2016 Ruggero de Bardo, Susumaniello Puglia, Italy & 2016 Caves du Fournalet, Cotes du Rhone

A Trader Joe’s Sumo Wine Muscle Tussle

Fast facts:

  • 2016 Ruggero de Bardo, Susumaniello Puglia, Italy ($9.99 @Trader Joe’s,  California)
  • 2016 Caves du Fournalet, Cotes du Rhone ($6.99 @Trader Joe’s,  California)
2016 Ruggero de Bardo, Susumaniello Puglia, Italy & 2016 Caves du Fournalet, Cotes du Rhone
It was the unique bottle shapes that first caught our eye and lead to our putting these two in the ring for a fight.

It’s Thirsty Thursday – and time for this week’s Vinopointer post!

As you can see from the photo above, we have begun decorating the Penthouse Suite here at the Vinopointer Tower in giddy anticipation of the upcoming holiday season. Our first of many holiday parties is this coming weekend, and we plan to wow our guests with some of the best wine finds from – you guessed it – Trader Joe’s and Costco.

Speaking of wine finds from Trader Joe’s.  As I was perusing the European wine section at my local TJs, I couldn’t help but notice how these two wines featured a similar unconventional bottle shape.  While they are not exactly identical (one has sloped shoulders and one has the more muscular high shoulders) both have a lower center of gravity than traditional 750ml wine bottles. Since they remind me of Sumo wrestlers, I thought I would “put them in the ring” together and see which one would win!

Beyond their similar stout shape, I thought it would be interesting to see what else they might have in common.  For starters, they are both 2016 red wines from “old world” wine producing countries. In this case, Italy and France.  Both are priced under $10, which more often than not, gets a wine “invited to the dance” here at Vinopointer.  Once poured into a glass however, these two wines actually have very little in common.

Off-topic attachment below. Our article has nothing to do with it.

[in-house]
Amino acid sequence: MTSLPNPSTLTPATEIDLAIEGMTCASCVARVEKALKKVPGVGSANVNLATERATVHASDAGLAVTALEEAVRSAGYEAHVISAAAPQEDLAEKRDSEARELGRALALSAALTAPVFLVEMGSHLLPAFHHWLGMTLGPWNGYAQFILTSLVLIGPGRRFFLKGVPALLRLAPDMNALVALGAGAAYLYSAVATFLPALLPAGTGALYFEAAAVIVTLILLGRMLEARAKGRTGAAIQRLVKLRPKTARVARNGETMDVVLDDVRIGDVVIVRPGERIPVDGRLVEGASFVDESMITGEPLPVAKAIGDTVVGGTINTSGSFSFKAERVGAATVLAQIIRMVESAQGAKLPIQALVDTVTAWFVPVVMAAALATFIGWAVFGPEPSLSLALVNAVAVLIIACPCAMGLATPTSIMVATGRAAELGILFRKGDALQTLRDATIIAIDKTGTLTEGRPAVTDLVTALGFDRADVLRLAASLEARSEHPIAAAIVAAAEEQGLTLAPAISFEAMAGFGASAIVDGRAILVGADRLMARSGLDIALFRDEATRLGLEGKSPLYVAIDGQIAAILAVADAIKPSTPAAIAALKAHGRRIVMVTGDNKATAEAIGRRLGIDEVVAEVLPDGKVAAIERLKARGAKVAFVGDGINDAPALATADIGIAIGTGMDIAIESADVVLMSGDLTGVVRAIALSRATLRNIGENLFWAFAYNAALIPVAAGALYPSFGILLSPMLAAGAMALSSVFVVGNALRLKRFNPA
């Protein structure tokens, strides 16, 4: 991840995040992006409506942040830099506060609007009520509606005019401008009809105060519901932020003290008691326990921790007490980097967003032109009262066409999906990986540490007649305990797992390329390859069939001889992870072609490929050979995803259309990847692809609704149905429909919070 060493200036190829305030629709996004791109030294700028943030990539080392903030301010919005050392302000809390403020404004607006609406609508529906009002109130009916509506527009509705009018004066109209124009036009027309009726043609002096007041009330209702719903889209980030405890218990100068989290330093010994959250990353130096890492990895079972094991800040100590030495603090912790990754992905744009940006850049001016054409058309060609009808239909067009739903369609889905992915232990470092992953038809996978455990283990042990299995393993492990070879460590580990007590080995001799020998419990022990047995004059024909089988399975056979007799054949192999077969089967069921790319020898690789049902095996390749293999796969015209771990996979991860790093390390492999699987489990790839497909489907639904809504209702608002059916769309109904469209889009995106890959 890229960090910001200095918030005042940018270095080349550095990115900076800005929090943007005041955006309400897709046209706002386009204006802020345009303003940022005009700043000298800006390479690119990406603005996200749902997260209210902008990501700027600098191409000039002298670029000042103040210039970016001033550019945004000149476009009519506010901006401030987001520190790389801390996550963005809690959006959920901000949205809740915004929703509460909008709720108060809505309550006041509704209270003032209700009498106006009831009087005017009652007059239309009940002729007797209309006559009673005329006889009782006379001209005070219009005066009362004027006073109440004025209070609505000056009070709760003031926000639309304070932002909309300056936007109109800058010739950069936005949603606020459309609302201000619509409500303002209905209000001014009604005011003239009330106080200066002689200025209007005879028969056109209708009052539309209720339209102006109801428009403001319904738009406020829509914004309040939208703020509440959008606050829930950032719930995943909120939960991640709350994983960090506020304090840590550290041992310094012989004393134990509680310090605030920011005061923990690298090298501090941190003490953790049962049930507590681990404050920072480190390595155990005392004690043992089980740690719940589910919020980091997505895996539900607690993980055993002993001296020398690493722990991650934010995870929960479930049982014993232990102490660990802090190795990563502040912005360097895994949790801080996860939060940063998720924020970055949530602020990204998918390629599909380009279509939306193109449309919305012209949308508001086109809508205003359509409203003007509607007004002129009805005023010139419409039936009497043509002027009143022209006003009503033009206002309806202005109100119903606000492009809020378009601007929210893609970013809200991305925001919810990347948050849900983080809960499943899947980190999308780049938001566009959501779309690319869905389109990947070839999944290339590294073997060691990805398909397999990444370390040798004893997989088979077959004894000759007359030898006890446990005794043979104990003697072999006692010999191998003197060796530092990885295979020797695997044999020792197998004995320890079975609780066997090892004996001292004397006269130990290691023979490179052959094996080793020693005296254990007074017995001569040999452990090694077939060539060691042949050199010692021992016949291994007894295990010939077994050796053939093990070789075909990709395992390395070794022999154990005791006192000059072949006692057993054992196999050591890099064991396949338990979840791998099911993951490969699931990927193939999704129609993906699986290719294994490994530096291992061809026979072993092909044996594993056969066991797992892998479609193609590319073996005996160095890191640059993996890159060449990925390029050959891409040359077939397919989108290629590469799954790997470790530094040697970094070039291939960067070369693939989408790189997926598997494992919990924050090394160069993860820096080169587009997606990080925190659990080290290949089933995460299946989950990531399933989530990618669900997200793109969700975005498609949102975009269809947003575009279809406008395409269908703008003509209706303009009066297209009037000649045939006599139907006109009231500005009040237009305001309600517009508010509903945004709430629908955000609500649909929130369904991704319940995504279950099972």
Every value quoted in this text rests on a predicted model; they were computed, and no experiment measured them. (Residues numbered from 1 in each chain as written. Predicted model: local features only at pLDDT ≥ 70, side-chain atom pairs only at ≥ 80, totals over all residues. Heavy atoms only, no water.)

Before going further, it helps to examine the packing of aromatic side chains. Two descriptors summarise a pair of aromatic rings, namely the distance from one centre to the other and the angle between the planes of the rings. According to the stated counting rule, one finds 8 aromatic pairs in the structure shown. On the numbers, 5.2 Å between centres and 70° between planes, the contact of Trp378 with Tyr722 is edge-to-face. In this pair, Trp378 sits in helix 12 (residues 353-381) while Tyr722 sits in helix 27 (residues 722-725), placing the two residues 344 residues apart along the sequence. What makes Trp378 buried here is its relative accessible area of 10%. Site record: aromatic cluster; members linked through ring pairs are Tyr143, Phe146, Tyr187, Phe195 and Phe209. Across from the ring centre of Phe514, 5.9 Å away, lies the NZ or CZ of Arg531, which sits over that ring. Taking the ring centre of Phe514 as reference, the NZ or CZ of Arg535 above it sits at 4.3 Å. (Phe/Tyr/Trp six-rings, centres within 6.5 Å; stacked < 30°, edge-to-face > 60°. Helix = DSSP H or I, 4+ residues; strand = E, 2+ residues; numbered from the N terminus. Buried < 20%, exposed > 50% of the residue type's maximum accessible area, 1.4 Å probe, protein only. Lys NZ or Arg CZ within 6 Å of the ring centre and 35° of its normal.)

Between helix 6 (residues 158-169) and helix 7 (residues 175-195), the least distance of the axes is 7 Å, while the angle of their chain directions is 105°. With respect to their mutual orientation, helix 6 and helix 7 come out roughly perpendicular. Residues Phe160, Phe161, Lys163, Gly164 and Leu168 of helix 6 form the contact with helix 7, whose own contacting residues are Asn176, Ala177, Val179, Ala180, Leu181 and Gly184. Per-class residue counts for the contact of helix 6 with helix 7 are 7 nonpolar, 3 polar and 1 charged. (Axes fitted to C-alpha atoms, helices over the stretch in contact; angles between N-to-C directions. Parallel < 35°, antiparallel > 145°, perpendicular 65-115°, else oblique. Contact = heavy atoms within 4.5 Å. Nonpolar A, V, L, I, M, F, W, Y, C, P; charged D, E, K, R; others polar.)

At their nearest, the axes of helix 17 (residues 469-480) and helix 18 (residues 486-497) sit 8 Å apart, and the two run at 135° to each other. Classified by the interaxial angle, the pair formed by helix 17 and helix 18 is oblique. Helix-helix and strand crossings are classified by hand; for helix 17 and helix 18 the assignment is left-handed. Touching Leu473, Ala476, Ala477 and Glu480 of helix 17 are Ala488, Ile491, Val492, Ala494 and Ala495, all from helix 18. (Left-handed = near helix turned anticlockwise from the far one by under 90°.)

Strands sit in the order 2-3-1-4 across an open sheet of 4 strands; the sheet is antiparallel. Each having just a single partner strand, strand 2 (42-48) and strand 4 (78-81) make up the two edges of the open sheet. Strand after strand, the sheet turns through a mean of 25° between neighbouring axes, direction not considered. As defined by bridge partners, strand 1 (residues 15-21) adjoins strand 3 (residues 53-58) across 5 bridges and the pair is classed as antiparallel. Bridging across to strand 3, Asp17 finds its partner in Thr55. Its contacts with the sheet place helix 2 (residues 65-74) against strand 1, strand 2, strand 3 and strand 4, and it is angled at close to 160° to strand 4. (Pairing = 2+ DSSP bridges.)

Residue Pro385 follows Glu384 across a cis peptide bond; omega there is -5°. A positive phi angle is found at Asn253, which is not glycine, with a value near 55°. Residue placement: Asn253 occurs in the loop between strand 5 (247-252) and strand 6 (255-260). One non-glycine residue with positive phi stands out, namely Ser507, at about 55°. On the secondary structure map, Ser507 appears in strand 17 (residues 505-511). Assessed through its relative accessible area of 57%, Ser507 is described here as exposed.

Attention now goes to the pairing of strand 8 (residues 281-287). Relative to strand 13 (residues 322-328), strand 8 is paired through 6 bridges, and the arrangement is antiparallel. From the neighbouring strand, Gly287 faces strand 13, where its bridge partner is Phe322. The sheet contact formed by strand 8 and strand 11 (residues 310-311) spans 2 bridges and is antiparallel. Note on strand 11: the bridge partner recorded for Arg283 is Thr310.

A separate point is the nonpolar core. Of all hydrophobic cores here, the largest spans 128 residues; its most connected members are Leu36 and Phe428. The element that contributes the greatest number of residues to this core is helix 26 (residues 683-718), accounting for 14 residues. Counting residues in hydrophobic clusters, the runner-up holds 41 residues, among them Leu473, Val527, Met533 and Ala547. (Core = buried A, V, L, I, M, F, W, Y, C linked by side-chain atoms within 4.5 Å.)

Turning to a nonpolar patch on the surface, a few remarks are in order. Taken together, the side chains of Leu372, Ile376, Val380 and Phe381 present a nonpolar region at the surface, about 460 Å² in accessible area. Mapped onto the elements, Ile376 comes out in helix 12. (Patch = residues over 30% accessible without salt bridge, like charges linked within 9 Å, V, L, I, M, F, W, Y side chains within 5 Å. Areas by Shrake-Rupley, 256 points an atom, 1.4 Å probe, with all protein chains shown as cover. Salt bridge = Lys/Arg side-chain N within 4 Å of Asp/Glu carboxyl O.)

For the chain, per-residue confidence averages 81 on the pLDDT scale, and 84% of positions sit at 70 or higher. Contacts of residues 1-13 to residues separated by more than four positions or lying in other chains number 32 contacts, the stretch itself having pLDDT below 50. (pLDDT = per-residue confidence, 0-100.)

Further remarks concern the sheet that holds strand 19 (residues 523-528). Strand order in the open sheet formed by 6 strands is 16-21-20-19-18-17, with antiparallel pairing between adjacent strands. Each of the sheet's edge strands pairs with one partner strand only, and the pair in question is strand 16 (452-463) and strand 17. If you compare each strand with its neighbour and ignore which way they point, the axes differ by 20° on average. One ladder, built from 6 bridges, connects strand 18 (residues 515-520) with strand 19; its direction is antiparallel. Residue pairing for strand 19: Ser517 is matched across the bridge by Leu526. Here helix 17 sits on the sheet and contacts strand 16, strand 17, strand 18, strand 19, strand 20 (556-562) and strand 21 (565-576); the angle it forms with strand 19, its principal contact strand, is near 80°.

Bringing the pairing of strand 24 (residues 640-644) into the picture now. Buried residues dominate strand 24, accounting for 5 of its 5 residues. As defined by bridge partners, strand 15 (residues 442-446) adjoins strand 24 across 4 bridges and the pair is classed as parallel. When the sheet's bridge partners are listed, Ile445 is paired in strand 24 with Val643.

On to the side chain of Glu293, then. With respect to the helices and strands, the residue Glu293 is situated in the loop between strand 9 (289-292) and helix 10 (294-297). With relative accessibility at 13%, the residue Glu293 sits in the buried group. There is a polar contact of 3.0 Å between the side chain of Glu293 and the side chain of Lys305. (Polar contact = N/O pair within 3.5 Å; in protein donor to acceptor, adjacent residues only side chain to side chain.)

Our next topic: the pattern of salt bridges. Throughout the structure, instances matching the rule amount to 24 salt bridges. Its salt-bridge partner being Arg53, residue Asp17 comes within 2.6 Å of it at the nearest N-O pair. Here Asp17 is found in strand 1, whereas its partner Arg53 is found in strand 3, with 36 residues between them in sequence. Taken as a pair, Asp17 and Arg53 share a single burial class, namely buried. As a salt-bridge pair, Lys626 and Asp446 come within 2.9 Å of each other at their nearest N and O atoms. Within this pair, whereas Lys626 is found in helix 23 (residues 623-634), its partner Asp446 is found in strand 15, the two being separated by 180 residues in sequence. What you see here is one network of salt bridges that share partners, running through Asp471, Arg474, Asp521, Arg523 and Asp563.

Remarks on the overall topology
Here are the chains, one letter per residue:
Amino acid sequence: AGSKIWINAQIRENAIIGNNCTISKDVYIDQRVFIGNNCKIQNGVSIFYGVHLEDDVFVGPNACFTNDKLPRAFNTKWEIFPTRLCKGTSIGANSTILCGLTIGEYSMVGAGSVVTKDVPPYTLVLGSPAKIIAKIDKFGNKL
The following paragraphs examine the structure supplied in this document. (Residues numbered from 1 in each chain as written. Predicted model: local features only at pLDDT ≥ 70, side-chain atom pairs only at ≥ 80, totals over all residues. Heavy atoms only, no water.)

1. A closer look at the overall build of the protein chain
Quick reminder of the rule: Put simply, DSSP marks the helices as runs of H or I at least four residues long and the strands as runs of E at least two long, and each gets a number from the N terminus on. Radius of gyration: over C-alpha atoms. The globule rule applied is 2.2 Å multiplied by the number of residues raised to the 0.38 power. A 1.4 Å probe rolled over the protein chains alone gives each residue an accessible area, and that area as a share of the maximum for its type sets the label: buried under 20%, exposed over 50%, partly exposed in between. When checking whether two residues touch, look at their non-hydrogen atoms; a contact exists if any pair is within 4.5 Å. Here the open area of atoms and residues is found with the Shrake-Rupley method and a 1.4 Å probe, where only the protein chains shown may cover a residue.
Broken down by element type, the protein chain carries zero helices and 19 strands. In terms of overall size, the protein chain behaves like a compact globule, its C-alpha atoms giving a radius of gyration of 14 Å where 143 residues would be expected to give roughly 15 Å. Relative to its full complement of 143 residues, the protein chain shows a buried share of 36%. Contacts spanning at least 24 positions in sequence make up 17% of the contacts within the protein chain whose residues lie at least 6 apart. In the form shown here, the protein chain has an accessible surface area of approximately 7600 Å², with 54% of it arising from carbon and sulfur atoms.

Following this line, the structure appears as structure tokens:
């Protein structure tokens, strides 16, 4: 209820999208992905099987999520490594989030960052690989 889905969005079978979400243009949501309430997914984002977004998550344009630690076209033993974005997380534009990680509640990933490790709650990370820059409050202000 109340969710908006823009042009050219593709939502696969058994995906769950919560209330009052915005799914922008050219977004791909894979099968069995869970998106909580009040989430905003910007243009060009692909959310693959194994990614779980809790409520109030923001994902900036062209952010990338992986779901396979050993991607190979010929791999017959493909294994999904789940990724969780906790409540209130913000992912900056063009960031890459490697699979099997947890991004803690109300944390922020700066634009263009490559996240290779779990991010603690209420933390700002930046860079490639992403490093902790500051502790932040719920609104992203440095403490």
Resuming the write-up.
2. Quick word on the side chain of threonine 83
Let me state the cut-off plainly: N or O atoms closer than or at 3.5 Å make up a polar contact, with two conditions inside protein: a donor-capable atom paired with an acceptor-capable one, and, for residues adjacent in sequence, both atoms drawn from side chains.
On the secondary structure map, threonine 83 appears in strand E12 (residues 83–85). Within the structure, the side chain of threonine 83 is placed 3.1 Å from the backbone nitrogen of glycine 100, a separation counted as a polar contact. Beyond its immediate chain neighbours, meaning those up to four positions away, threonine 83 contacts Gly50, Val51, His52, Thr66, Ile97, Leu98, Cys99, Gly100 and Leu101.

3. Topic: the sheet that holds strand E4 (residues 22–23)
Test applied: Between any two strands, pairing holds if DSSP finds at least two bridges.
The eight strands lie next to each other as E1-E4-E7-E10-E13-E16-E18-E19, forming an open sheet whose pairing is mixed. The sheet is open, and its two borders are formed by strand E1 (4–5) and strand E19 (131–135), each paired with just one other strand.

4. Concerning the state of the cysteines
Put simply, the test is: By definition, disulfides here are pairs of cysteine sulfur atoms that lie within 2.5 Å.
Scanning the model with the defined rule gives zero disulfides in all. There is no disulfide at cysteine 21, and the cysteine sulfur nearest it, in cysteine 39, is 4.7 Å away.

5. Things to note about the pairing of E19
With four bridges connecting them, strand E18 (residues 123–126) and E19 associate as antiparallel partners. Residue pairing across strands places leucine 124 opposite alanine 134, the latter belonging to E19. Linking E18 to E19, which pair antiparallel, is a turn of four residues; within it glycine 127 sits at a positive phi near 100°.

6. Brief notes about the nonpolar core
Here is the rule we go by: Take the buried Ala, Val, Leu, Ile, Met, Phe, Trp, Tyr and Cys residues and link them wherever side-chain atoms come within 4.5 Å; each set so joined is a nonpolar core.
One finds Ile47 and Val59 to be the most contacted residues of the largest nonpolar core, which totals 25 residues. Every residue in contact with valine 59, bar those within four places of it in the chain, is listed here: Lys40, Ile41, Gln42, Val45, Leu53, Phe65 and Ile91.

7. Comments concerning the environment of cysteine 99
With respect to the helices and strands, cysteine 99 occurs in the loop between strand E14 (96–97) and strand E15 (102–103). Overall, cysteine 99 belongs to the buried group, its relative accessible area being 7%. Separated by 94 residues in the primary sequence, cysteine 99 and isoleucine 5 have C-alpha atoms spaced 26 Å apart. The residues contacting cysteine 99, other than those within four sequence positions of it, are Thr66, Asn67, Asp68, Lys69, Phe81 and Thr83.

The Italian – after 25 years in the wine business I must say that I had never heard of the grape Susumaniello, let alone tasted a wine made from this grape. The relentless search for new and interesting wine grapes is what initially drew me to the wine business, so I was intrigued. This one turns out to be really obscure. Apparently, the grape is found only in Puglia, the heel on Italy’s boot.

Puglia, the heel on Italy's boot.

I was immediately struck by how “big” this wine is.  It is dark and brooding with big, concentrated flavors of black fruits like berries, plums and raisins.  It reminds me a bit of an Amarone.  Unlike a lot of Italian wines, it is not acidic.  It is actually really smooth and would pair well with roasted red meats, spicy pizzas and creamy pasta sauces. At just $9.99, this one is a winner and if you find some at your local Trader Joe’s consider picking up a bunch. This would be a great weeknight house wine for the cold weather months ahead.

The French – in the unlikely event that you are tasting – or serving – these wines together as I did, you would be well served to start with the Fournalet GSM (wines made from Grenache, Syrah, and Mourvedre grapes) as it is a noticeably lighter bodied wine. Not that it is a bad thing, as there is nothing necessarily wrong with this wine, it is just unremarkable. The wine starts with an alluring whiff of vanilla, oak and blackberry. It features smooth flavors of  red licorice, red raspberry and rhubarb pie.  The best thing about it is its $6.99 price.

But even though the French wine is one-third less costly, you get four times more flavor from the Italian one.  So the winner of this Sumo Smack Down is the Italian. Like we said, stock up on this one.

As always, if you have a chance to try either one or both of these wines, drop us a line and let us know what you thought using the Contact Us page.


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